Brendan Fraser is having a moment. He’s getting a lot of attention for his performance in The Whale, he’s been tapped for Martin Scorsese’s next film, he’s recently completed a film with Josh Brolin and Peter Dinklage, and fans are crestfallen over the cancellation of Batgirl. There’s also genuinely a lot of goodwill toward Fraser on the Internet — the reverence is almost Keanu-like.
What most people don’t realize, however, is that he also has a new television series that debuted this week on The CW called Professionals, where he stars alongside Tom Welling.
There’s a reason for that.
The Professionals is actually a 2020 Swedish production loosely based on the 2014 film Soldiers of Fortune, and the CW got the international rights to re-air it. It premiered this week after the debut of The Supernatural prequel, The Winchesters.
It’s bad television, and no doubt CW licensed it to take advantage of the Fraserssance, like Netflix pulling a straight-to-Redbox before-they-were-famous title out of the vault and placing it on their New Releases. I watched the pilot, and as bad as it is, there’s an amusing novelty about it. Not to overstate the talents of Fraser (and even Tom Welling), but it’s a bit like watching Broadway actors join a high-school theater production. There’s a clear contrast between what they’re doing and what everyone else.
The very short version of the plot is this: Fraser plays Peter Swann, a billionaire scientist who attempts to launch a satellite into space that would be able to detect pandemics early. The rocket explodes. He hires a former counterintelligence spy, Vincent (Welling), to help him figure out who was behind the sabotage. Swann has to buy an entire hotel in order to check their surveillance footage. Vincent has problems of his own. He had to steal a briefcase full of valuable information from an Interpol agent and hand it over to a mob-like criminal to get his brother out of debt. Meanwhile, Swann’s girlfriend — the lead engineer on the satellite — is also the ex-girlfriend of Vincent, so there’s some friction there.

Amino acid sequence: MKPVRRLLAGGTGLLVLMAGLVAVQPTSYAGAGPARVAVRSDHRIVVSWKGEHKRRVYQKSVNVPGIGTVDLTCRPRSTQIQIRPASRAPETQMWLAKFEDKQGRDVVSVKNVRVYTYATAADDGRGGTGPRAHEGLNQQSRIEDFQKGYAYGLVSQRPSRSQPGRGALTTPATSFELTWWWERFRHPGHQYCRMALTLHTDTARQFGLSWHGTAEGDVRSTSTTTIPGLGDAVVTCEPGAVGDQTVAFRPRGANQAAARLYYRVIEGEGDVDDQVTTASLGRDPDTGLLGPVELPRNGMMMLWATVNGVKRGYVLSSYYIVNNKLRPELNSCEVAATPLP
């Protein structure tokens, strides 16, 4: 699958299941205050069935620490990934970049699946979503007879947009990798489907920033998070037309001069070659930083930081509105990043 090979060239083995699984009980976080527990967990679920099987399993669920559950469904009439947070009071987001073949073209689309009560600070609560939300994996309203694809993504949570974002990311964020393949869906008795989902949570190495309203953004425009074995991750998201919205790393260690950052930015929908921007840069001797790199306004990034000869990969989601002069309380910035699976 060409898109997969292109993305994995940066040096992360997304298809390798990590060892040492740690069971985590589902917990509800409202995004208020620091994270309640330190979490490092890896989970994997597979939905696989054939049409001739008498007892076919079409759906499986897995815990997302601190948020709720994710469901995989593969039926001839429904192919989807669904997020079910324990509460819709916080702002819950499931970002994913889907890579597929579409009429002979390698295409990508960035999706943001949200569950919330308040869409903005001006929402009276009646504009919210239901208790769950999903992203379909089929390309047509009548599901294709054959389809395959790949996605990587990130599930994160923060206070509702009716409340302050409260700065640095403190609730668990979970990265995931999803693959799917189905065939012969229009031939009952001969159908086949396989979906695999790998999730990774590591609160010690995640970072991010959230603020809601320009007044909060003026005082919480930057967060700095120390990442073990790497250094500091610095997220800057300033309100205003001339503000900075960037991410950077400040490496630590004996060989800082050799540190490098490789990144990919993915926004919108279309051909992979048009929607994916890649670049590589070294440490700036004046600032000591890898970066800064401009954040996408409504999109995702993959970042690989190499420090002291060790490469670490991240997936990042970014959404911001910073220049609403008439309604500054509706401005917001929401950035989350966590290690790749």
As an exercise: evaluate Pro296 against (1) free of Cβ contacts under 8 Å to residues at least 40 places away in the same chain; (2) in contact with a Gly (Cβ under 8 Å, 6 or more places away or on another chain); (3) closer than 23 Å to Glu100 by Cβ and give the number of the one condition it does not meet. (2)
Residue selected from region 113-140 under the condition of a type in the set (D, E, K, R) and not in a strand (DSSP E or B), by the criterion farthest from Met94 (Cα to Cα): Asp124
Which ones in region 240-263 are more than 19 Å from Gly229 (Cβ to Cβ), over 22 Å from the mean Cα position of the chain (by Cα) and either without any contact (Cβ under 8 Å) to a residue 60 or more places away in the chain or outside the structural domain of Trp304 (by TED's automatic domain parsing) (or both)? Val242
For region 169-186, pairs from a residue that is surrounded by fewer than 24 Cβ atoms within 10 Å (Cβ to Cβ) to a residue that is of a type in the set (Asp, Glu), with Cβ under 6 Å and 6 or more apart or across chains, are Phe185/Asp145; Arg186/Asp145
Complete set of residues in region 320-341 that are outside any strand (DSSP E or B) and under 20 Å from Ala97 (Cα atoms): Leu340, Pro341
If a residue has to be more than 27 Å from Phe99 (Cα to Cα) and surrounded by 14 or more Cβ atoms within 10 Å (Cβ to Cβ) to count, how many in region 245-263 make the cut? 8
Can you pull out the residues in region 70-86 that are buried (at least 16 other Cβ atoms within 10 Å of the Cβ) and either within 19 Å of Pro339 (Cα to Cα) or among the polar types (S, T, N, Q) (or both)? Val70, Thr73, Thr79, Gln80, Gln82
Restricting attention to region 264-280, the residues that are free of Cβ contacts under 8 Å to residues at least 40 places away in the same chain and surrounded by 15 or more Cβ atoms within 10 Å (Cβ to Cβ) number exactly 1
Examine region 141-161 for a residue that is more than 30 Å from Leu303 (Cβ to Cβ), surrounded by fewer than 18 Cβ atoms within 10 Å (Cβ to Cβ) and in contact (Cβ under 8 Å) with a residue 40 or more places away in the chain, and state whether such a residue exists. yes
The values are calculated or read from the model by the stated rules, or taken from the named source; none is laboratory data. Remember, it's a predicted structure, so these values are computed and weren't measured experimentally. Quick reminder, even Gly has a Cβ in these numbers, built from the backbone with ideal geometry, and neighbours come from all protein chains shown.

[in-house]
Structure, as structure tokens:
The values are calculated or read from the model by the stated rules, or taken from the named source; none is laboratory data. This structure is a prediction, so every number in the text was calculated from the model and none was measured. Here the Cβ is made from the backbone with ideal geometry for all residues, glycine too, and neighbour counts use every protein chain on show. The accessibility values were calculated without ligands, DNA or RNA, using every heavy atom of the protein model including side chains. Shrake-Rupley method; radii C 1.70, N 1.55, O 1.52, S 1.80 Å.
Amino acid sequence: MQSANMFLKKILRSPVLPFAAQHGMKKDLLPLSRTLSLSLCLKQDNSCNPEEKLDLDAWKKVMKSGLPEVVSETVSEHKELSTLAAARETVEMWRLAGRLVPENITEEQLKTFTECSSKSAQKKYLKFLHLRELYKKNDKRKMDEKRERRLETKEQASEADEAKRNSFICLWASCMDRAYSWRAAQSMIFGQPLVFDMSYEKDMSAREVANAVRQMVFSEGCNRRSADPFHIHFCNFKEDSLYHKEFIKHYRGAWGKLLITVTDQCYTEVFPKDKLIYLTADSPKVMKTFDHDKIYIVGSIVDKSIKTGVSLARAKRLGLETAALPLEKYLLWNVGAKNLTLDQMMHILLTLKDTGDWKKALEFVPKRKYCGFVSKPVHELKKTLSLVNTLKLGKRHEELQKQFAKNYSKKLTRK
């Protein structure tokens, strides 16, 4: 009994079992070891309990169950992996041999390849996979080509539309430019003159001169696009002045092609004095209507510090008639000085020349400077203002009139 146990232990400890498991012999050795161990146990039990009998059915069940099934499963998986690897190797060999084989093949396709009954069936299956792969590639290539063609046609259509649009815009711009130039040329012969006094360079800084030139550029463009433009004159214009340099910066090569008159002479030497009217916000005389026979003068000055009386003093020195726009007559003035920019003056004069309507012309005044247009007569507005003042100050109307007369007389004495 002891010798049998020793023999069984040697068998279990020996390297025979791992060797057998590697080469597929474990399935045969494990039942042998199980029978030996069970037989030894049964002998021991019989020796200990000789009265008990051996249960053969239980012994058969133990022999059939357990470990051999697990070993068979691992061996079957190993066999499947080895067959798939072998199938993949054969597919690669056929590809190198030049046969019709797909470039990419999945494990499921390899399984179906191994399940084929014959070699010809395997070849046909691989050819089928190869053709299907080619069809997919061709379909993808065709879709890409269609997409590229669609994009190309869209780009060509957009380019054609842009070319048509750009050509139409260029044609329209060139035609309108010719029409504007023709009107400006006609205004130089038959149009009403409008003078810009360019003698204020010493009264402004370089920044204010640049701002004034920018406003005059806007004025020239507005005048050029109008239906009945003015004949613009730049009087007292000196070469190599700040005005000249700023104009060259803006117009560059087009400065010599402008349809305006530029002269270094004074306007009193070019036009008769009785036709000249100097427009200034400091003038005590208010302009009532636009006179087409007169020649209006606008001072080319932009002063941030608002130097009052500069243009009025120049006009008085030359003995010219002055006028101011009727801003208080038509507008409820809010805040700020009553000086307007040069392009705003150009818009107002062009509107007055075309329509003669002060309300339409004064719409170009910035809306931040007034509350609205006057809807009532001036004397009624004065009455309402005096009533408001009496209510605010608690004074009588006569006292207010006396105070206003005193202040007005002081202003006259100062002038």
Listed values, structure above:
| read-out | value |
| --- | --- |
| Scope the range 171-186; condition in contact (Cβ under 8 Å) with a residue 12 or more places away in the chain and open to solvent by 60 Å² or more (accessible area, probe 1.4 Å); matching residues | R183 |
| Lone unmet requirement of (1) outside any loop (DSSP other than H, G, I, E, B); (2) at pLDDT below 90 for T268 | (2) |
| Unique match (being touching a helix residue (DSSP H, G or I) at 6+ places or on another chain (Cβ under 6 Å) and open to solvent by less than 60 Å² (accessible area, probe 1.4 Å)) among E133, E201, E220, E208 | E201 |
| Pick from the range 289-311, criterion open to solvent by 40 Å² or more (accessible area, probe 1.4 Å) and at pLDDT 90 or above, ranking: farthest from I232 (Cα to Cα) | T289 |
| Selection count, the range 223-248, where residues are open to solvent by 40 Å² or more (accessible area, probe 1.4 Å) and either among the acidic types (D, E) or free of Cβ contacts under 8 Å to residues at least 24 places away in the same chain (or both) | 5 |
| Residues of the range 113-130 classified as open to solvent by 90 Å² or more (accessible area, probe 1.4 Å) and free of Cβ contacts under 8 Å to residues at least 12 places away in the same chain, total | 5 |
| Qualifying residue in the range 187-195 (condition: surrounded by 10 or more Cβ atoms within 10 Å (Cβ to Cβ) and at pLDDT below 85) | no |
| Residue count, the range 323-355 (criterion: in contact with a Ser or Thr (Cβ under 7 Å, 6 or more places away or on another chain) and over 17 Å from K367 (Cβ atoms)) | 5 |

Fraser is the smug but likable rich guy; Welling is the gruff spy, and everyone else is a broad stereotype. It’s obvious that 90 percent of the budget for Professionals went to Fraser and Welling, because what’s left looks like a television show shot with a second-generation iPhone and edited with MS Paint. The writing is atrocious, but both Fraser and Welling can still turn a decent wisecrack, which elevates Professionals from deeply unwatchable to vaguely interesting for a few minutes before it devolves back into deeply unwatchable. Fraser is great, but he’s already been paid and moved on to better projects, so there’s little reason to give this a second thought.